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As I Lay Dying

As I Lay Dying (2013)

October. 11,2013
| Drama

Strife and disaster befall a poor Mississippi family during a two-day trip by horse and wagon to bury their deceased matriarch.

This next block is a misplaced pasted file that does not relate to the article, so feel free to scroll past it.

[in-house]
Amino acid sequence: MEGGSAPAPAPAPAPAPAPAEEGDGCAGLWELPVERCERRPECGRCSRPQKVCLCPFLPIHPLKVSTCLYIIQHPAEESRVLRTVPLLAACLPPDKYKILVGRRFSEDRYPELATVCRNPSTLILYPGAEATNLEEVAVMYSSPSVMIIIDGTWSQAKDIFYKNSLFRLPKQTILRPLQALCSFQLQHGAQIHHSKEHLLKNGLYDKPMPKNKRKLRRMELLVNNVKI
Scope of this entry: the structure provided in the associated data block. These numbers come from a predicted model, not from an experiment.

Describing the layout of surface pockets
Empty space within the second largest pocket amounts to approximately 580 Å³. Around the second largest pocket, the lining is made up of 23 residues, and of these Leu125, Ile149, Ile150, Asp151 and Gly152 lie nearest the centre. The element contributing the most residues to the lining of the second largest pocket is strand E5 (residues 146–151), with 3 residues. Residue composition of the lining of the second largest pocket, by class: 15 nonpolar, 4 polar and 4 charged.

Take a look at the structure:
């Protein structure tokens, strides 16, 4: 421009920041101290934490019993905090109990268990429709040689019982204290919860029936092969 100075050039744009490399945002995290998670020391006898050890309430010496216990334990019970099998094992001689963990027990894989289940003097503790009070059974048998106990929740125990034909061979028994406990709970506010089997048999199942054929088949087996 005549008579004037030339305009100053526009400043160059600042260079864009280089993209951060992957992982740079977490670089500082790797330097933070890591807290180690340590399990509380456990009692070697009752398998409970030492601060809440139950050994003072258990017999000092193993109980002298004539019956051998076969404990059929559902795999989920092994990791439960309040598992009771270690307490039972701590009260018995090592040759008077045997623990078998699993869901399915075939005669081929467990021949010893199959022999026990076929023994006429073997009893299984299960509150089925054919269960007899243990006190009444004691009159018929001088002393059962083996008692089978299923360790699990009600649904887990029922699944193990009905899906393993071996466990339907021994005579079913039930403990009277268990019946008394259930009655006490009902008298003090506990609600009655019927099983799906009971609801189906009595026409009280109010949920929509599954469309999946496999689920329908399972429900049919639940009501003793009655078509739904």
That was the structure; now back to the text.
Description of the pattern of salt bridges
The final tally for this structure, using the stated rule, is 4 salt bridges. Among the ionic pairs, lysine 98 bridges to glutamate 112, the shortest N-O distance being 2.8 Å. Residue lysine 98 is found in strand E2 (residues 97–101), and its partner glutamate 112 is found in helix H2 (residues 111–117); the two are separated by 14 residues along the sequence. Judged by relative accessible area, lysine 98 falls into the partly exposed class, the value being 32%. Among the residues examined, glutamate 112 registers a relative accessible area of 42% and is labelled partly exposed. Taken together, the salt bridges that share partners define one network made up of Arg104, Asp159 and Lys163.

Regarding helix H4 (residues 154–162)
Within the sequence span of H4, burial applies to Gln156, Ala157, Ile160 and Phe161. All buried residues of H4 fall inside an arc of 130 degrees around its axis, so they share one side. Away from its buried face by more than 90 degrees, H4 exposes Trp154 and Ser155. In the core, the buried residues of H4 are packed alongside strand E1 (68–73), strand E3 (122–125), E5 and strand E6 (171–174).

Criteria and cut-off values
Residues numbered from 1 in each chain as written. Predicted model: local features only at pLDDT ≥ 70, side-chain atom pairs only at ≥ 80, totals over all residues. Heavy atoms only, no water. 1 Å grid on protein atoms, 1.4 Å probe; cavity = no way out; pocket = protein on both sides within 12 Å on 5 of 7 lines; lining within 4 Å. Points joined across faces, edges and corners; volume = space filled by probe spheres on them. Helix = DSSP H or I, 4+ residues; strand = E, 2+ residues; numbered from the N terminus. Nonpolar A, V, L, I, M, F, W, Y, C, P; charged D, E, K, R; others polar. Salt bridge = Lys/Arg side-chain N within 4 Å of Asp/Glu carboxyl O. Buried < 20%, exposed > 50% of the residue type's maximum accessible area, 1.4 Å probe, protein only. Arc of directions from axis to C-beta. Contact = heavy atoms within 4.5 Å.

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Addie Bundren (Beth Grant) is dying. Her son Darl (James Franco) takes his brother Jewel (Logan Marshall-Green) on a delivery. It's $3 after all despite Jewel's need to be by her side. Their wagon gets stuck while she dies. Her wish is to be buried in home town of Jefferson. The whole family struggles to bring her body to her final resting place.There are great actors in this movie. Tim Blake Nelson and Logan are terrific. Beth Grant is also great. In general, everybody is doing good work. The question is how did James Franco do as a director. I am not impressed. The most obvious technique is the split screen. The best thing I can ascribed to the technique is that it hides his amateurish directing style. When Beth Grant screams, the other half is trained on Jim Parrack. That's the only split-screen scene that really works. The movie struggles to gain authenticity and the split screen doesn't help at all. It looks like a modern film school technique in direct conflict with the rural backwoods feel of the family. Franco should be striving for authentic poverty. He fails as he throws various things on the wall. None of it really sticks. The actors are able to keep the audience's interest but they do it despite Franco. The river crossing shows some promise that Franco is functional as a director. Maybe he's over thinking this and tries too hard with the split screen and the actors talking at the camera. Thankfully the last 15 minutes don't have the split screen. It's some of the most compelling scenes in the movie.